angle; angle a is its supplement. What we want to say, then, is that 
the supplements of congruent angles are congruent. I would be 
satisfied with that as your reason here; it's a clear statement of why 
you think a and b are congruent. The book has apparently not proved 
such a particular fact, and instead takes it in steps. There are 
different ways to prove this; here's a way using measures of angles 
and algebraic facts:

4. m<BAC = 180 - m<a       4. Supplementary angles
5. m<ABC = 180 - m<b       5. Supplementary angles
6. 180 - m<a = 180 - m<b   6. Transitivity of equality
7. m<a = m<b               7. Subtract 180 from each side and negate

Notice that I'm not being picky about the exact terms to use for each 
little fact; I did use the term "transitivity," which is just a short 
way to say that things equal to equals are equal, but I don't care how 
precisely you say that 6 implies 7. The important thing is that it's a 
short enough step that anyone can see that 7 follows from 4 and 5.

4. /\DCA ~= /\ECB          4. Because both /\'s are sharing two sides 
                              that are equal. Therefore the last side 
                              is the same length in both /\'s and
                              results in the /\'s being ~=

This is a very broad representation of the Side-Angle-Side theorem. 
Unfortunately, you didn't actually mention the angle, which is of 
course a central (pun intended) part of this theorem. I think the book 
was too brief; I like to state not just what theorem was applied, but 
also how it was applied. I would say this:

8. tri DCA = tri ECB       8. SAS, from 1, 7, 2

This way I'm saying just which sides and angle I'm using, which makes 
it clearer for the reader. You don't need to write a paragraph telling 
what this means to you and why it ought to be true; the theorem does 
all the heavy work, and you just have to point to it.

Now let's back away from this and look at what you can do to improve 
your proofs in general. On the one hand, I don't want you getting 
bogged down in details; the important thing is to get moving in 
geometry and see the main ideas. Never let yourself be held back by 
something little like trying to decide whether you used the 
substitution property or the transitive property! But on the other 
hand, your main difficulty seems to be that you don't pay enough 
attention to the details that ARE important.

I'd like you to focus on the concept of theorems. Each reason you give 
should be based on a specific theorem (or postulate or definition) - a 
known fact you can rely on, rather than a general sense that something 
is true. In this case, there are two main theorems you should have 
seen and mentioned in your proof, the one about base angles and the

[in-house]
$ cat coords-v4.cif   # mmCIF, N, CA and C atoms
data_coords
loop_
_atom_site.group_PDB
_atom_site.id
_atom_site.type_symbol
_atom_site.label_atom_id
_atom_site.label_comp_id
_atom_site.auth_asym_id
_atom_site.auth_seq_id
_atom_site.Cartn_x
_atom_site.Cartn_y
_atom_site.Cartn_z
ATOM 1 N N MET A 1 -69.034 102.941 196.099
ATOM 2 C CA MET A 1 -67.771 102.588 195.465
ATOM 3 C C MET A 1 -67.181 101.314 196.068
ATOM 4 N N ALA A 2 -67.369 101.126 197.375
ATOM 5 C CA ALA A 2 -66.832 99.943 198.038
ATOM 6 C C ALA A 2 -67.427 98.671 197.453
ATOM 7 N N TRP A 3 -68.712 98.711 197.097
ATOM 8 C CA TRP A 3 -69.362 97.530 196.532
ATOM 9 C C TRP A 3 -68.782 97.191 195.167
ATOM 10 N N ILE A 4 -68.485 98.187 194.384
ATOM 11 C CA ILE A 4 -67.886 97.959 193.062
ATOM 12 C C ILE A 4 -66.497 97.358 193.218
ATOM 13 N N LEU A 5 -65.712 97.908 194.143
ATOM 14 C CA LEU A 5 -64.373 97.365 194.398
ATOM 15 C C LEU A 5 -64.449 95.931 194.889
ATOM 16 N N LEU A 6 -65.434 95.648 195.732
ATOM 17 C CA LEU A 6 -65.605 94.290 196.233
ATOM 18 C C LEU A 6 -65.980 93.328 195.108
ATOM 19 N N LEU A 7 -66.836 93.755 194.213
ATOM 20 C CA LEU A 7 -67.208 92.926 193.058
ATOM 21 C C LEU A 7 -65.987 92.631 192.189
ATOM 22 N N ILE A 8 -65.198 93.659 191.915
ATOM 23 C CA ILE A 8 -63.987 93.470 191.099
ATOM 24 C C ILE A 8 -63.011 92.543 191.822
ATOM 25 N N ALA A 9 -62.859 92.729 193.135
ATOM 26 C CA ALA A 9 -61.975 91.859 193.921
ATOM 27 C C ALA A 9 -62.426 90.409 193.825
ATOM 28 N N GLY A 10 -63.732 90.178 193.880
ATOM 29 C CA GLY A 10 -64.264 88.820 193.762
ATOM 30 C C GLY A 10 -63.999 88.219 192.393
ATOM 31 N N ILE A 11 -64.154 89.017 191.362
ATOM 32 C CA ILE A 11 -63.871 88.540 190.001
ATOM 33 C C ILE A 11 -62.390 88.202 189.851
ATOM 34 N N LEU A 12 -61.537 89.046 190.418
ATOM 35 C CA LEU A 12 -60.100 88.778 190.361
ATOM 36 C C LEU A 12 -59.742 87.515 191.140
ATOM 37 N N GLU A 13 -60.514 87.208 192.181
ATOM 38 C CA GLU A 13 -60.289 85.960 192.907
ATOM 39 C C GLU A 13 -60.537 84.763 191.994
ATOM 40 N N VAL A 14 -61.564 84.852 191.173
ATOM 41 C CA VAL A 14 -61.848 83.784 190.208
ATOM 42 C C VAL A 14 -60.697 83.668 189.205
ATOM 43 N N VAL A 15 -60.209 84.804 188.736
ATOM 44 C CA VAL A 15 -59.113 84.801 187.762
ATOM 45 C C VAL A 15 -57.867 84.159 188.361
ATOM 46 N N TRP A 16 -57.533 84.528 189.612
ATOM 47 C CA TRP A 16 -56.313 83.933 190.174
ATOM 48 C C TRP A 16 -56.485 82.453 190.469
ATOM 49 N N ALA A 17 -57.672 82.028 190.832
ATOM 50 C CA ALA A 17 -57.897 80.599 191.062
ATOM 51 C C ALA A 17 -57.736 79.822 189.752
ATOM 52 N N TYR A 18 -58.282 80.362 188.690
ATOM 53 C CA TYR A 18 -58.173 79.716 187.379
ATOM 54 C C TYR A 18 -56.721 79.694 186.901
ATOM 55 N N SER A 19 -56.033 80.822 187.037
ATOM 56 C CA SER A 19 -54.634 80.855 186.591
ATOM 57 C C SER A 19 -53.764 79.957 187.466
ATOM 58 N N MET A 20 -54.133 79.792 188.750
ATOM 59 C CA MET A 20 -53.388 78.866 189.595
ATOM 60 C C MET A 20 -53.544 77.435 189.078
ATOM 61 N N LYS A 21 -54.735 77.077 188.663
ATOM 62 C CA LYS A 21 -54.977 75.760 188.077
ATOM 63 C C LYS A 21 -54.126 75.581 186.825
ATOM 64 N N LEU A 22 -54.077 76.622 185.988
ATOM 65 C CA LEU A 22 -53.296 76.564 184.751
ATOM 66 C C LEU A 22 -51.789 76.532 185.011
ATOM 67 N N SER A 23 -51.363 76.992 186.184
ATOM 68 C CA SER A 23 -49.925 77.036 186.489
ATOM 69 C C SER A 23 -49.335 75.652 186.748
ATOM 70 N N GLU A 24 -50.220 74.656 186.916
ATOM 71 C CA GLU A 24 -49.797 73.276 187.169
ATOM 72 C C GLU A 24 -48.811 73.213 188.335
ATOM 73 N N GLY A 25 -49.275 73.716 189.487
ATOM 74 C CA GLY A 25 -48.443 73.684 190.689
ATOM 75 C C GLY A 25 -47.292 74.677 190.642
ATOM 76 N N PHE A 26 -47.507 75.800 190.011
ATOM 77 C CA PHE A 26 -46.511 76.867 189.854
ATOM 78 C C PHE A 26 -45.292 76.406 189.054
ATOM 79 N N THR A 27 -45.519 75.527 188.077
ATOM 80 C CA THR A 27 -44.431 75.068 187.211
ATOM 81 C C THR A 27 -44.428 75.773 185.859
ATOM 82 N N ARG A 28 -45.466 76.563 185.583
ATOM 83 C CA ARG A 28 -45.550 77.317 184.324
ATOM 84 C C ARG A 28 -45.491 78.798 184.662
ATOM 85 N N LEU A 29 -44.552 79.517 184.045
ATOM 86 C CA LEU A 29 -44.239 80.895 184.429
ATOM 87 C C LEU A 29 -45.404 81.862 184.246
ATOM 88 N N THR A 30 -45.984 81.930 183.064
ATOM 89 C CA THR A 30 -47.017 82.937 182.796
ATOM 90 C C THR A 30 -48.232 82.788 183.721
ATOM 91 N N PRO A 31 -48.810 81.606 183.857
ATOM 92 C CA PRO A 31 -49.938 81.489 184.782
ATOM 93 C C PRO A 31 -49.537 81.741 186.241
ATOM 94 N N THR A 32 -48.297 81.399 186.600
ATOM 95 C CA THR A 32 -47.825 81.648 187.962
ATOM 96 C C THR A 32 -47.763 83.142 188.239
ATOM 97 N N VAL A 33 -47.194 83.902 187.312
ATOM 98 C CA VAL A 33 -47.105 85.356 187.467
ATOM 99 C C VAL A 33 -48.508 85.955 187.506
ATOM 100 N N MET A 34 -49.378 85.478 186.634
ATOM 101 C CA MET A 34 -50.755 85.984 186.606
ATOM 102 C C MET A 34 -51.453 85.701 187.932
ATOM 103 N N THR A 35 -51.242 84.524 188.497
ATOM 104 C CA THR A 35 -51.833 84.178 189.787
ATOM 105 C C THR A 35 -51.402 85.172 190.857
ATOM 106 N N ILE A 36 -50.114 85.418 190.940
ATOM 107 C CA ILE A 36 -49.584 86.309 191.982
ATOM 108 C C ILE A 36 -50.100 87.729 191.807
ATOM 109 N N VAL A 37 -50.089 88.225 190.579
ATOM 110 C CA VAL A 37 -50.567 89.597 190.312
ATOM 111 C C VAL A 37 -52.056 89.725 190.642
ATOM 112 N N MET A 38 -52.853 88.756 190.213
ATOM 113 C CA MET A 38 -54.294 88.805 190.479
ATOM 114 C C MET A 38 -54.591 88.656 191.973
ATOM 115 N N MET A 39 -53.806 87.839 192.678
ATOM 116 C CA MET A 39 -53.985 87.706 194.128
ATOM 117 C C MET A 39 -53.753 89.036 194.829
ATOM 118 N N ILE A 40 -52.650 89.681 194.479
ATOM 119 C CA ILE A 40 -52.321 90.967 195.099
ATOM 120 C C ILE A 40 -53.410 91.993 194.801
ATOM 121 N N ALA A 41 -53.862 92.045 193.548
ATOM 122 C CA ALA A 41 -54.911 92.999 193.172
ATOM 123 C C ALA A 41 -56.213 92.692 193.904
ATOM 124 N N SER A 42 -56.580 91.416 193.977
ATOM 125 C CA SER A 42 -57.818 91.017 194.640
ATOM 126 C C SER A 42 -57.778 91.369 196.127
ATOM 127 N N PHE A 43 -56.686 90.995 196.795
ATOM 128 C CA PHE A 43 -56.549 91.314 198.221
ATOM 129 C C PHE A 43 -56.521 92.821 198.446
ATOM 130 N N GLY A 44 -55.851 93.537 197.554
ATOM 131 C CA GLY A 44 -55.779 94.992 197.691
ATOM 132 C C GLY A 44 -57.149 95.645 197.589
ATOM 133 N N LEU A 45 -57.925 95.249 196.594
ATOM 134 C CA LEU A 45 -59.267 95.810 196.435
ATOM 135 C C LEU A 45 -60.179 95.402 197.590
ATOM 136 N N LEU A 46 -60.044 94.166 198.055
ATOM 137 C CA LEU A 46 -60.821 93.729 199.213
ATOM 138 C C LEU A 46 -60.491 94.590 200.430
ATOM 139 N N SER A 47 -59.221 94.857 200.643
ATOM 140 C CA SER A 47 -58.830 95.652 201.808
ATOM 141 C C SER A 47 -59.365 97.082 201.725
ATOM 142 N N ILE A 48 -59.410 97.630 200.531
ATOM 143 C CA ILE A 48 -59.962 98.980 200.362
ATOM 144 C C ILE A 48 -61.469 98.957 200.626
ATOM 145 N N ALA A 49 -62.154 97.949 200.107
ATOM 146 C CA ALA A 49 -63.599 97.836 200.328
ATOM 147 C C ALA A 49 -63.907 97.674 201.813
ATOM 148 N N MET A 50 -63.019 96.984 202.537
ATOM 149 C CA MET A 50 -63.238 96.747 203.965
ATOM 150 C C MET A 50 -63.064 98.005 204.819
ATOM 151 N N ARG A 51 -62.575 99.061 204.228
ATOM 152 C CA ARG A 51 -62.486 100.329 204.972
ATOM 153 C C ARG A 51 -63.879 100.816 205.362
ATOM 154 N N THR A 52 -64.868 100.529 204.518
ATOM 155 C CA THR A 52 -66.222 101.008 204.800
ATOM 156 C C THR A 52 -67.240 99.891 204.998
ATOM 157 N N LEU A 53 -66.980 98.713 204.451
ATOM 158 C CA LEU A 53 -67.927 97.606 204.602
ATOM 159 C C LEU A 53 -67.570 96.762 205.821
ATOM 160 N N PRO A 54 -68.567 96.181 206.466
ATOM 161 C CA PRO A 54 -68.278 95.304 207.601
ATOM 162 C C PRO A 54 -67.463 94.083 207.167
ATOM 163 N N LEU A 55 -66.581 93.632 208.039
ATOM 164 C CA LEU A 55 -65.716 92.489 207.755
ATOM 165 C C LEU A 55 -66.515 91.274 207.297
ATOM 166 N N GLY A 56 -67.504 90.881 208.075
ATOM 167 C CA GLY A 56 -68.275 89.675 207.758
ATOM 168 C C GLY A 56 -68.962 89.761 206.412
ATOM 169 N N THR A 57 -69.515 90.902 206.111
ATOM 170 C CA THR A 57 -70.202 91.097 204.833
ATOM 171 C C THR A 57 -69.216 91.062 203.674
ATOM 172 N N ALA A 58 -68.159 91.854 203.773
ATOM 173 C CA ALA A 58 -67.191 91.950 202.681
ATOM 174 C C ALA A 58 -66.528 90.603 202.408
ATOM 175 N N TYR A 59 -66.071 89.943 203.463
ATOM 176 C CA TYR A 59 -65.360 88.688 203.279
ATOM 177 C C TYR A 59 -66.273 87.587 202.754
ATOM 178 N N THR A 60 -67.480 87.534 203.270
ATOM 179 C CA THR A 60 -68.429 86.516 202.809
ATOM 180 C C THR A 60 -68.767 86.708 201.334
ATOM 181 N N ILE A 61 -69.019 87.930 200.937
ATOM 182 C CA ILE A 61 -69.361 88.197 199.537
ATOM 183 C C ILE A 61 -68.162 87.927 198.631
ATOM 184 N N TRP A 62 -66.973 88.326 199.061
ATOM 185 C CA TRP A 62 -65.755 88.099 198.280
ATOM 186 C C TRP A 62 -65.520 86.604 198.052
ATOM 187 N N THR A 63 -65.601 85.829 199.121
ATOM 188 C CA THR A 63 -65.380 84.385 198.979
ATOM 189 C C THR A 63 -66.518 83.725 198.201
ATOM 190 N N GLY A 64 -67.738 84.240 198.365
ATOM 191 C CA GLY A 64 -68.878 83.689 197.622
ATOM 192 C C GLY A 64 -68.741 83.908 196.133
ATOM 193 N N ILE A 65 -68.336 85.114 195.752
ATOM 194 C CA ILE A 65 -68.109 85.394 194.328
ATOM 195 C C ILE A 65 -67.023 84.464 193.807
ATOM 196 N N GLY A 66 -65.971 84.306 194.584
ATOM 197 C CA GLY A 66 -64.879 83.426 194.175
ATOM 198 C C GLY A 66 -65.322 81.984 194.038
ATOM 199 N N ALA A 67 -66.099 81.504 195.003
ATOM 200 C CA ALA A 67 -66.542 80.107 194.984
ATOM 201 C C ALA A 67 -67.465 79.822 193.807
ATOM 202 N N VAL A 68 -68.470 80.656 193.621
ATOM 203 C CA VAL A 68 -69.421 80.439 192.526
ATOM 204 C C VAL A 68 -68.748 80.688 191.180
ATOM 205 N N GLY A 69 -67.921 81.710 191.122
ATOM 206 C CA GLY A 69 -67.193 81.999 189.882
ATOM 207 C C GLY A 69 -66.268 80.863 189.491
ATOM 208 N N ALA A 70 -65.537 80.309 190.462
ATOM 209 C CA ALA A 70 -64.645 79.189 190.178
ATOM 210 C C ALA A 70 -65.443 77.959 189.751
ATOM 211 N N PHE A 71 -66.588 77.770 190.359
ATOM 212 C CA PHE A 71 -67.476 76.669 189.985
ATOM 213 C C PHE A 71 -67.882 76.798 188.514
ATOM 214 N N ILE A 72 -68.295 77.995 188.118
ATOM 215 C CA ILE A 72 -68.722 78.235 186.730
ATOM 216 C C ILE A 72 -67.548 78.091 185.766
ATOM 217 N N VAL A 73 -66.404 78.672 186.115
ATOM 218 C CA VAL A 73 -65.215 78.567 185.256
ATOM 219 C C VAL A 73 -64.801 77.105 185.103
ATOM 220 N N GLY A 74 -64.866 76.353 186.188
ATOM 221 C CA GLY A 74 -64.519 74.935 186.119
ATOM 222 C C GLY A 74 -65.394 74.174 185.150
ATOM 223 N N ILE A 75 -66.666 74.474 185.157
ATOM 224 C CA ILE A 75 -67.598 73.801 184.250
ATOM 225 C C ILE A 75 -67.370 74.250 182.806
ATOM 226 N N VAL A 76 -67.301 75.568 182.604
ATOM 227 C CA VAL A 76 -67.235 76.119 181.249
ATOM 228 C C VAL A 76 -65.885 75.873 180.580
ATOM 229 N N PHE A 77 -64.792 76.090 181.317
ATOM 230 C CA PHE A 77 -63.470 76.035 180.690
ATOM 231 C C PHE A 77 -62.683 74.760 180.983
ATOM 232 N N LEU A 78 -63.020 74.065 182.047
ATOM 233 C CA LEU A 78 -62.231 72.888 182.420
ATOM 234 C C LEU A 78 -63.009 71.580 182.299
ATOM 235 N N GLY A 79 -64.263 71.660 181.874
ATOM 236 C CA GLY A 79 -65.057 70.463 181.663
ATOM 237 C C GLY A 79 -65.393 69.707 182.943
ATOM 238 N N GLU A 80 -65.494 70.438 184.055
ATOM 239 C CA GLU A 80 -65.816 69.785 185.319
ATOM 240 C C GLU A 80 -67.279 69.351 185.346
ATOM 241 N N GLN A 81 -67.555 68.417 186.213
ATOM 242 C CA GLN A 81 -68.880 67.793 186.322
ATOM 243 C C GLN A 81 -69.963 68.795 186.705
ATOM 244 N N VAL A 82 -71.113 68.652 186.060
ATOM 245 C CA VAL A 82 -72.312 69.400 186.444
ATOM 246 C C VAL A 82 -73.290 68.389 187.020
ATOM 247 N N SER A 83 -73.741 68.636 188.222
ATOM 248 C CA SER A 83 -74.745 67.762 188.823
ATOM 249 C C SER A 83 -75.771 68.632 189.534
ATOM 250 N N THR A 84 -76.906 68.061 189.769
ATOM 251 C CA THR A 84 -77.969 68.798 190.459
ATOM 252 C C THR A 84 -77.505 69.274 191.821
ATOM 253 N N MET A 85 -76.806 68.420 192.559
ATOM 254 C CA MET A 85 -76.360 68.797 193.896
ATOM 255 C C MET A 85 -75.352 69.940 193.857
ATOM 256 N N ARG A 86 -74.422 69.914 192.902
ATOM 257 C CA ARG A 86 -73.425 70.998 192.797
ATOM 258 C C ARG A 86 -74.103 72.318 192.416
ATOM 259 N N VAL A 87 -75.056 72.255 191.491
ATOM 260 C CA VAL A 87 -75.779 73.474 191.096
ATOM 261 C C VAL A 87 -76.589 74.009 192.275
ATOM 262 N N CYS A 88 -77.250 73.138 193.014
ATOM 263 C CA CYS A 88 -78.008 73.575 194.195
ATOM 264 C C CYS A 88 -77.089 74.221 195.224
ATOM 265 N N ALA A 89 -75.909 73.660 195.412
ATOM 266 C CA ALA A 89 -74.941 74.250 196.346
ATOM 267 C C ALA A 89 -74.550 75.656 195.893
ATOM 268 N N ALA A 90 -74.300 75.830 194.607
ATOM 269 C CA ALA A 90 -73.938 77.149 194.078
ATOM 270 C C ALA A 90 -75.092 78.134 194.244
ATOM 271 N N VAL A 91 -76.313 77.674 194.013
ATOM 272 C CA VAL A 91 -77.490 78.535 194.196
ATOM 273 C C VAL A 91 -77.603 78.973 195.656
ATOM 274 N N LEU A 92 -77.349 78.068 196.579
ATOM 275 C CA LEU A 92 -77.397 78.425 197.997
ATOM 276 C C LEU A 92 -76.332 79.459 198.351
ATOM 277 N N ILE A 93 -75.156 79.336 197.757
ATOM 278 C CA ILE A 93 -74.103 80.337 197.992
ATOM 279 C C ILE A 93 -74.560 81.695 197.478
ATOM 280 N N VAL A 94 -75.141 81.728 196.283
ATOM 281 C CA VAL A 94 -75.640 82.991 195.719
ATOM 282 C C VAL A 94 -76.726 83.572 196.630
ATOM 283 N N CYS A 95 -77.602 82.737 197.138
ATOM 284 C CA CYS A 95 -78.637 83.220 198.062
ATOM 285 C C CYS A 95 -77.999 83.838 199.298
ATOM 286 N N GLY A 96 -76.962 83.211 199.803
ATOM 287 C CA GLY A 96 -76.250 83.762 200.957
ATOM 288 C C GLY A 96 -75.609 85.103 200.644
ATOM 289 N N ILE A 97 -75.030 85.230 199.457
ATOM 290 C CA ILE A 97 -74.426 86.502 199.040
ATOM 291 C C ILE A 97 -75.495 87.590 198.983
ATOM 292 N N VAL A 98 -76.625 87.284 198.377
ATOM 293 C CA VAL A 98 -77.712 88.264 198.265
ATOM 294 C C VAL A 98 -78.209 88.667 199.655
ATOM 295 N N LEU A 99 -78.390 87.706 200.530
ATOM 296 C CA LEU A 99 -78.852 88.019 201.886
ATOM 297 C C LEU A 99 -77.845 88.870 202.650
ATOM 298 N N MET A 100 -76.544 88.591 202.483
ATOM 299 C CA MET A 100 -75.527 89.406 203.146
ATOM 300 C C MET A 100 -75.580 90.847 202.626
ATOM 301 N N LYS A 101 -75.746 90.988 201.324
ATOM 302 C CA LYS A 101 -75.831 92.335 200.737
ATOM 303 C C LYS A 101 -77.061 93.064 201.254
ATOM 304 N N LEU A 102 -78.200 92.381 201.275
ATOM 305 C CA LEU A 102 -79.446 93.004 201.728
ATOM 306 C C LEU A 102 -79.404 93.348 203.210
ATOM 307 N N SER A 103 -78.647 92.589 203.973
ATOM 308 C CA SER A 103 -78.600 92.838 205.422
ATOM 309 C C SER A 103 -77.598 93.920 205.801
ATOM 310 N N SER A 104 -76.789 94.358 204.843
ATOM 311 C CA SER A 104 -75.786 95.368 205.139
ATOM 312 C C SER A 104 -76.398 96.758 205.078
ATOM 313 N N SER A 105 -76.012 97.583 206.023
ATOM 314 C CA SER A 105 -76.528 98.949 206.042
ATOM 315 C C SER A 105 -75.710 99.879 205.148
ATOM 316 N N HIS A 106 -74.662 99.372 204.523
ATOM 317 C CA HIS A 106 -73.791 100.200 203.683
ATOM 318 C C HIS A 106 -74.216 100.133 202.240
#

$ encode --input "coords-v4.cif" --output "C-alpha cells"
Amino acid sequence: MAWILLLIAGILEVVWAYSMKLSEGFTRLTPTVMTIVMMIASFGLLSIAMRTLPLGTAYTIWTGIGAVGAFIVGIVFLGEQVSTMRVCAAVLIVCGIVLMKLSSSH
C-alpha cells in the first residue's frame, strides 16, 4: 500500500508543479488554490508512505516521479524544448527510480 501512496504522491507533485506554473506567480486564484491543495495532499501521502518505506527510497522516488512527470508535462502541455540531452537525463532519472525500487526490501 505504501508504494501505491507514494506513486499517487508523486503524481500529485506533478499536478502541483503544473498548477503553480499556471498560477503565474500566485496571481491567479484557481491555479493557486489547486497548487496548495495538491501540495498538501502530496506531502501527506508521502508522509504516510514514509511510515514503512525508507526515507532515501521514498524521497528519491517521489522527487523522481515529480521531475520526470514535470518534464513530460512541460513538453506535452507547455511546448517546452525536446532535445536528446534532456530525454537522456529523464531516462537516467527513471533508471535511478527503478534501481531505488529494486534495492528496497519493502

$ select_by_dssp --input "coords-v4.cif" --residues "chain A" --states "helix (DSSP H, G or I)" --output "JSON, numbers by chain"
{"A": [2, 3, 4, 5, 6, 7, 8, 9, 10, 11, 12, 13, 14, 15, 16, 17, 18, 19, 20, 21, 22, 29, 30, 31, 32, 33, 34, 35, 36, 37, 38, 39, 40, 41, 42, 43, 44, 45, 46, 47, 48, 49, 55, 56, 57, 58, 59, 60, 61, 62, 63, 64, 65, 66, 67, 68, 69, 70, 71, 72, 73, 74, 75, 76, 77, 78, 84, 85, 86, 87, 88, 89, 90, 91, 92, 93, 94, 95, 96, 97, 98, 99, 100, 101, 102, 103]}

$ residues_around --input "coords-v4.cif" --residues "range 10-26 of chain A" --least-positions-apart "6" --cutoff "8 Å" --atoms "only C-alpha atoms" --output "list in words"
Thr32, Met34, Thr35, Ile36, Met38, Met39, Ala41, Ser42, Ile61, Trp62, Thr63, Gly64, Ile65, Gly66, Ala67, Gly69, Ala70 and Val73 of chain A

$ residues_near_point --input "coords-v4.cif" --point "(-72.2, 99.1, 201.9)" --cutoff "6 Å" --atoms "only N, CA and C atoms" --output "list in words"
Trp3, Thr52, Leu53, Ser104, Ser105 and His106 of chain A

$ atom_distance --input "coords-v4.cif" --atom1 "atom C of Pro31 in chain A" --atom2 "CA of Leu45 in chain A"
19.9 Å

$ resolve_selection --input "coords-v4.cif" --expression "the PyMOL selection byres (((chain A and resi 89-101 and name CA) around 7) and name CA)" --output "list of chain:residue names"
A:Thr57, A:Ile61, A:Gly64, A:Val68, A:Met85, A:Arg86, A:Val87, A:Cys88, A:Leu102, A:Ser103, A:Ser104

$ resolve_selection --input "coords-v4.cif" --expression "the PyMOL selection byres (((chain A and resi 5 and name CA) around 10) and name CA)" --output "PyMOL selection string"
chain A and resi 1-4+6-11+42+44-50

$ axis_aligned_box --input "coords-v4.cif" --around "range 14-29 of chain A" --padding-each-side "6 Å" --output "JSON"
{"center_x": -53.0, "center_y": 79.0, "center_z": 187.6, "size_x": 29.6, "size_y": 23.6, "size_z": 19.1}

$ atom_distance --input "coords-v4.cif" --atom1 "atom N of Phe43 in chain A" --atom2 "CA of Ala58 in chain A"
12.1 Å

SAS congruence theorem. I don't care about the other things, like 
transitivity; those are really just names given to "obvious" facts so 
we can state a reason. (Of course, in a careful development of math 
they would have to be proved from axioms; but at this level they can 
just be taken as known.) The important thing is that your reasons are 
not meant to be vague descriptions of your thinking, but precise 
statments of a single proven fact. I like to see what's behind your 
thinking (which is one reason I prefer paragraph proofs); but you need 
to anchor everything in theorems.

I would recommend making a list of all the definitions, postulates, 
theorems, and so on in your book as you come to them. Then you can 
look through the list to find a reason for each statement; if you 
don't find one, you know you have to break down your thinking into 
smaller steps.

I hope this helps; I'd like you to practice this a bit and then send 
in another of your proofs, one that you think comes closer to the goal 
without being a copy of what's in the book, and we can work on 
developing your own style of proof. One of the interesting things 
about proofs is that they are so much more like an English class than 
the math you've seen before! There's a lot of room for individual 
style, and a lot of creativity involved.

- Doctor Peterson, The Math Forum
  http://mathforum.org/dr.math/   


Date: 11/09/2001 at 16:30:43
From: Victoria Nosser
Subject: Re: Geometry proofs

Thank you so much. I am going to be looking over this and working on 
some more proofs. I will write you back soon to let you know how well 
I am doing. I really appreciate your breaking down of what I am doing 
in my proofs. :) I'll be sure to refer any one I know to ya'lls Web 
site if they have trouble. Talk to you soon.

Thanks,
Victoria
    
Associated Topics:
High School Euclidean/Plane Geometry
High School Geometry